While I understand the urge to ask "what about so-and-so?," this is partly missing the point that Jacobs was trying to make.  It's not an insult to deny that the Discovery Institute/Intelligent Design/Christian Apologist crowd are not "public intellectuals" as Jacobs defines the term.  It's just that Jacobs is focused on a more specific role that public intellectuals used to fill - that of being able to interpret our underlying cultural assumptions to a wide audience.  When Jacobs didn't include Martin Luther King, Jr. in his list, for example, it was not because he thought that King was not "intellectual."  Rather, it was because King served in more of an activist role and was not preoccupied in the kind of interpretative role that a "public intellectual" would fill.

While I would not deny that the Discovery Institute folks are perfectly willing to "interpret" culture, they are not attempting to do so from the position that Reinhold Niebuhr was able to.  In deciding to fight the creation/evolution battle, or more generally to fight against "secular humanism", they have taken on activist roles - resulting in controversy, culture war battles over state legislation and the politicized debates.  By going the culture war route, they have intentionally limited themselves.  This is not necessarily bad, but it rules out the ability to speak to a much broader audience.

To formulate the problem as being that our society has fallen farther away from Christ is ... well, for certain purposes outside the pulpit, not productive.  The argument that we need a more "Christian" society is perhaps an argument for the preacher, the culture warrior, the social justice warrior or for certain types of Christian apologists.  But the culture war battles over evolution and materialism have just not helped us, and a vast majority of those currently in the church have grown tired of listening to them.

I've been in more kinds of churches in more parts of the country than I ever should have been, and, as one who actually enjoys reading Alvin Plantinga and J.P. Moreland, I can say that almost no one is reading them.  Someone like Plantinga has nowhere near the kind of voice and audience that Lewis or Niebuhr did.  Additionally, even though I may find it interesting, a Richard Dawkins/John Lennox debate on "Has science buried God?" is not filling the public intellectual vacuum that Jacobs is pointing out.  And, such a debate today receives far less attention than the Clarence Darrow/William Jennings Bryant debates of almost a century ago received.  Existence of God or creation/evolution debates still have their place, but they are also something of a niche.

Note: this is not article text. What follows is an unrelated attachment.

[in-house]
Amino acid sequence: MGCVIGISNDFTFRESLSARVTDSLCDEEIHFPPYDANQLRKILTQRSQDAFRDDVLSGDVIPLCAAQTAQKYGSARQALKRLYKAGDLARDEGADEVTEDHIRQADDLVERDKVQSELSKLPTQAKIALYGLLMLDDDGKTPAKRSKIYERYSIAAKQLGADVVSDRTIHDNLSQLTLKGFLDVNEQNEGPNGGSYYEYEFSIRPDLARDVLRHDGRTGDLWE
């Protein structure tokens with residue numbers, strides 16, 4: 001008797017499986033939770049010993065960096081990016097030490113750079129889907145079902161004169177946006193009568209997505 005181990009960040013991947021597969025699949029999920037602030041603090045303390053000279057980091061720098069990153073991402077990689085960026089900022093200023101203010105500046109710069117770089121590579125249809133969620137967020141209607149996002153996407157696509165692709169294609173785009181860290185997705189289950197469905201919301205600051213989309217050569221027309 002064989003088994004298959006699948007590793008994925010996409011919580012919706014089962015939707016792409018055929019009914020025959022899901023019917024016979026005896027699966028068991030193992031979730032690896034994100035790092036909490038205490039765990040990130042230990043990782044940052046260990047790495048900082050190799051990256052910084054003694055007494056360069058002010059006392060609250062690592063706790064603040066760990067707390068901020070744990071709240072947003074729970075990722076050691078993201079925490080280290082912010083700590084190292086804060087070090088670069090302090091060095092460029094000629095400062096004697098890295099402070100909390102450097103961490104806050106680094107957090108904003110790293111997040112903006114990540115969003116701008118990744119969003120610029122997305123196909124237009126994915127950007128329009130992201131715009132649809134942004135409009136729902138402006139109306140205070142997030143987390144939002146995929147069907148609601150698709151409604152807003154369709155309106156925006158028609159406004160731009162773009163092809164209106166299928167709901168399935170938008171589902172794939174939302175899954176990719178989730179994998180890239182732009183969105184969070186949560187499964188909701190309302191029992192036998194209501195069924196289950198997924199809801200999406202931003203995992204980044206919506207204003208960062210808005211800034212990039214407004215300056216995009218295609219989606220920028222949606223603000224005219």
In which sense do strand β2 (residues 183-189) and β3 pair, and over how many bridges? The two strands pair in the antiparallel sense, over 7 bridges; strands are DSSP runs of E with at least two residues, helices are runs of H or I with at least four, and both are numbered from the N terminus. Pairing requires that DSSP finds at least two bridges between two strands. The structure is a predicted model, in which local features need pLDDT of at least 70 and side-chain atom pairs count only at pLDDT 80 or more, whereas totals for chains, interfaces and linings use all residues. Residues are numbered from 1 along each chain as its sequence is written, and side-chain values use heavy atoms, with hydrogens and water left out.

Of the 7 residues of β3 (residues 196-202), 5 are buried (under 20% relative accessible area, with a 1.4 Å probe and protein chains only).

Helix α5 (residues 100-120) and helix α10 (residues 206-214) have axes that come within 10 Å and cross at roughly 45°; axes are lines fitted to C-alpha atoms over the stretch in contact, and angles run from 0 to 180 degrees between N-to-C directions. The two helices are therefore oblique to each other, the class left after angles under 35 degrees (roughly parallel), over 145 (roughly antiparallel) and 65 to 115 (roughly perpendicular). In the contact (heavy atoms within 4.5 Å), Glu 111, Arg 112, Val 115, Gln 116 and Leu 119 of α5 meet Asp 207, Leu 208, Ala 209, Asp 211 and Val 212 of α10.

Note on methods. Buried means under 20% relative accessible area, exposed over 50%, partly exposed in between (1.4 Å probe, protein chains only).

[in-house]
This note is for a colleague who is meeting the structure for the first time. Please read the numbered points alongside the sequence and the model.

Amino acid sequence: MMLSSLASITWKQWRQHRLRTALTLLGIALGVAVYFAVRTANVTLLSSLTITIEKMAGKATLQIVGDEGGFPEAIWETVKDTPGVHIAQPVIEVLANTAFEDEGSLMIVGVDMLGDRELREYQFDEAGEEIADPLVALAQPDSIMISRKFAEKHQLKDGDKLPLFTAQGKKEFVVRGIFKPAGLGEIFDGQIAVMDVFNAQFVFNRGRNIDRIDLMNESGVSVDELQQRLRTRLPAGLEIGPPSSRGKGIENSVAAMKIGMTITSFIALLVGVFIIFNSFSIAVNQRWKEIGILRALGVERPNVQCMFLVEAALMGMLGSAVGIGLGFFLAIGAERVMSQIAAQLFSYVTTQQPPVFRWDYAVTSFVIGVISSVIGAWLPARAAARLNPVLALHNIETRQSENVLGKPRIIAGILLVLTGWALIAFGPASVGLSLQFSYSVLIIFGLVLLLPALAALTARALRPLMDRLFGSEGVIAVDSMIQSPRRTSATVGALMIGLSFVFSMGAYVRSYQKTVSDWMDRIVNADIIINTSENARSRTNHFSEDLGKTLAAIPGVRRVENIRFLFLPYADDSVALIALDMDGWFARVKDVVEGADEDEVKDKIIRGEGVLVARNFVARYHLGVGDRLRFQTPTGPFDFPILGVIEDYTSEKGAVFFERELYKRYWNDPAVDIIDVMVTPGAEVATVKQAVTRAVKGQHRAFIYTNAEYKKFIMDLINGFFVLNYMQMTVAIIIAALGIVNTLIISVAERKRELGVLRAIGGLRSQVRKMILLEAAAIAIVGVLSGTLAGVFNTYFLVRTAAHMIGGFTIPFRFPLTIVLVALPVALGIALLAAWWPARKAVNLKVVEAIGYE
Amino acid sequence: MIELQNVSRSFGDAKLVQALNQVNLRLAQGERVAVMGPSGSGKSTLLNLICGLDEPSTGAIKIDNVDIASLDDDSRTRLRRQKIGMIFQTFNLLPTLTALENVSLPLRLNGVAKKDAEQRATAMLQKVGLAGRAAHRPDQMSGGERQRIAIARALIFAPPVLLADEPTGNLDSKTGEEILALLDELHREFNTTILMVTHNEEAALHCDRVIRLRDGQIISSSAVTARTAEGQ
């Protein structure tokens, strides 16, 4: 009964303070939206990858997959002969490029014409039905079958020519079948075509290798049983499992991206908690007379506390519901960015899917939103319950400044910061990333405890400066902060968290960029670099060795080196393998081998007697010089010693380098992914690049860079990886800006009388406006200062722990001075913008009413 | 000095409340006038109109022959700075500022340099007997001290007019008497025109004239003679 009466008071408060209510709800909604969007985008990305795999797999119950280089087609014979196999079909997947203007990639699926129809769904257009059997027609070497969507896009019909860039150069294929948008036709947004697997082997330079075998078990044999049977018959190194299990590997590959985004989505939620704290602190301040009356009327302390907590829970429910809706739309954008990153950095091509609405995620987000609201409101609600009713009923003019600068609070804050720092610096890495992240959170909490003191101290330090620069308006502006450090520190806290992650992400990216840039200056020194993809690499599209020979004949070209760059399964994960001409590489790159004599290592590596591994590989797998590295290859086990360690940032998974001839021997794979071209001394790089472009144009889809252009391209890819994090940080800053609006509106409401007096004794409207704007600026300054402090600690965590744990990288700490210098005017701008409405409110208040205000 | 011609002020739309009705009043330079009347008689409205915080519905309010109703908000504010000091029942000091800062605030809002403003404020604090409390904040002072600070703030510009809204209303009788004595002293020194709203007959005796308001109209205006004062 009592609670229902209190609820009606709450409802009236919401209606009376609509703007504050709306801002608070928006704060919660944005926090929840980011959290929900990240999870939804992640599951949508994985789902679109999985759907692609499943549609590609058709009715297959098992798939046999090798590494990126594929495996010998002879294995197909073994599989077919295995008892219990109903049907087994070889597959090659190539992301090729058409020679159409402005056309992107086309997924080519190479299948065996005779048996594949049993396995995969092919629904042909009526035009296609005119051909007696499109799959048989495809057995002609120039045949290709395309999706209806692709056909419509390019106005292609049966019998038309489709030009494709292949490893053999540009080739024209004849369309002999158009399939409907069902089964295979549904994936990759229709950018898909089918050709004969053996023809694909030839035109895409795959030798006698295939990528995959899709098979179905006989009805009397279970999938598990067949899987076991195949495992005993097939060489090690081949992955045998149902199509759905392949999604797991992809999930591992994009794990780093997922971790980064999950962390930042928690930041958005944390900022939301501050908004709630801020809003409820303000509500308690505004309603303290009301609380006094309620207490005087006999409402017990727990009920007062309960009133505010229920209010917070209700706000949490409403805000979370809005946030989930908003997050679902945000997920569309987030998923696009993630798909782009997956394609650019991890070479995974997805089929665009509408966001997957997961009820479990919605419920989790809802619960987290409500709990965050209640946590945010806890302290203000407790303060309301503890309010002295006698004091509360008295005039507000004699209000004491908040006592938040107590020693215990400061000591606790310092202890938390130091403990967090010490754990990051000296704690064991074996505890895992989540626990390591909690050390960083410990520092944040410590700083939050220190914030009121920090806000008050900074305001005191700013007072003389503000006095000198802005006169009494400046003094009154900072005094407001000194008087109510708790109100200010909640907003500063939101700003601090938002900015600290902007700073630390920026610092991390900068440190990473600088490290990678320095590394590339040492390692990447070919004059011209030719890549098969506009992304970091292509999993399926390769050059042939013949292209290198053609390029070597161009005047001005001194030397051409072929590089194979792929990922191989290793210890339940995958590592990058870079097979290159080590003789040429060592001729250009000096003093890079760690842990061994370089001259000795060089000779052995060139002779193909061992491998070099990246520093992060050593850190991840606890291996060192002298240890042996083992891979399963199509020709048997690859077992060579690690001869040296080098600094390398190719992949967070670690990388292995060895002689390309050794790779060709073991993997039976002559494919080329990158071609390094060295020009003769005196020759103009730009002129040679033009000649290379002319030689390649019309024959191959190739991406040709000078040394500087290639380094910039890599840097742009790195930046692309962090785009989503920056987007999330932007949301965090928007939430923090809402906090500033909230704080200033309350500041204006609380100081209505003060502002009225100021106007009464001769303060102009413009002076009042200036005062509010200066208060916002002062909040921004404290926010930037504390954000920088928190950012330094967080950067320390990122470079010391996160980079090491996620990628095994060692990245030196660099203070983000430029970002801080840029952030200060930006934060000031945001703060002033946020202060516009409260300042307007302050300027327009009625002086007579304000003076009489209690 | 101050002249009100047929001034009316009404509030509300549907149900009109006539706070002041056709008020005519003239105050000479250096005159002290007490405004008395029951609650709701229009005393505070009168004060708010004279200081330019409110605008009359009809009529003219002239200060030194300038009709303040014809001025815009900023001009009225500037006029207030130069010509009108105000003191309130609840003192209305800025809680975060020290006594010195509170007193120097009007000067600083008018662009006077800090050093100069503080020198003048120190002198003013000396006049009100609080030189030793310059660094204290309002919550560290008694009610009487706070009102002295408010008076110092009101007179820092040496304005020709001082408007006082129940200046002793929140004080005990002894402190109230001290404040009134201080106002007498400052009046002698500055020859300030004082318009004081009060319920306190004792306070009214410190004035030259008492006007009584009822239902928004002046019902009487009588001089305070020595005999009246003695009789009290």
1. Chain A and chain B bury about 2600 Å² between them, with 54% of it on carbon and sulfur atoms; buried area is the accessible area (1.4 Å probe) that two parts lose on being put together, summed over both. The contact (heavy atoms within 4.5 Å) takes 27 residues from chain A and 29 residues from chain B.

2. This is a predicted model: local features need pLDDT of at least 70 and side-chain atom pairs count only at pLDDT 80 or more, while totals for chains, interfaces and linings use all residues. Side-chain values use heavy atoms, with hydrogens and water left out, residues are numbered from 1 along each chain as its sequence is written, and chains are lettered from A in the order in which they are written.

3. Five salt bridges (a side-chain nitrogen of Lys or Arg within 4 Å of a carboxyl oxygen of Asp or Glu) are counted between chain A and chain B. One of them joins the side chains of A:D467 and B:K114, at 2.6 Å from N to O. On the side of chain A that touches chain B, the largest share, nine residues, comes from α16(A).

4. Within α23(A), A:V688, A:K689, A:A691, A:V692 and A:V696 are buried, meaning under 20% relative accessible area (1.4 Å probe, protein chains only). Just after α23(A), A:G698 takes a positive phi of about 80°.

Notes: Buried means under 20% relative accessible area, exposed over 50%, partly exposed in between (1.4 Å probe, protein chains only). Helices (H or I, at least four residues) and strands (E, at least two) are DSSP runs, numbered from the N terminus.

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NBooth   
2 hours ago, J.A.A. Purves said:

 Existence of God or creation/evolution debates still have their place, but they are also something of a niche.

This. I'm not one to go on "kids these day" rants--actually, I went on a mild sort of anti-"kids these days" rant today--but the truth is that fundamental existential questions--beyond the (illusory) debate over evolution or the (existentially necessary) debate over God (however one defines "God")--aren't really gripping the public in the way they did even thirty years ago (think The Day After--can you imagine that tv movie being made in this environment?). Part of me is still inclined to put these sorts of complaints down to nostalgia, but another part really wonders why fundamental existential threats don't engage the public more. I mean, the threat of total nuclear annihilation got people talking about Big Questions, but the corresponding existential threat posed by the degradation of our environment doesn't raise more than a shrug. A look at the pop culture should bear this out: compare the number of post-nuclear-war movies to the number of post-global-warming movies.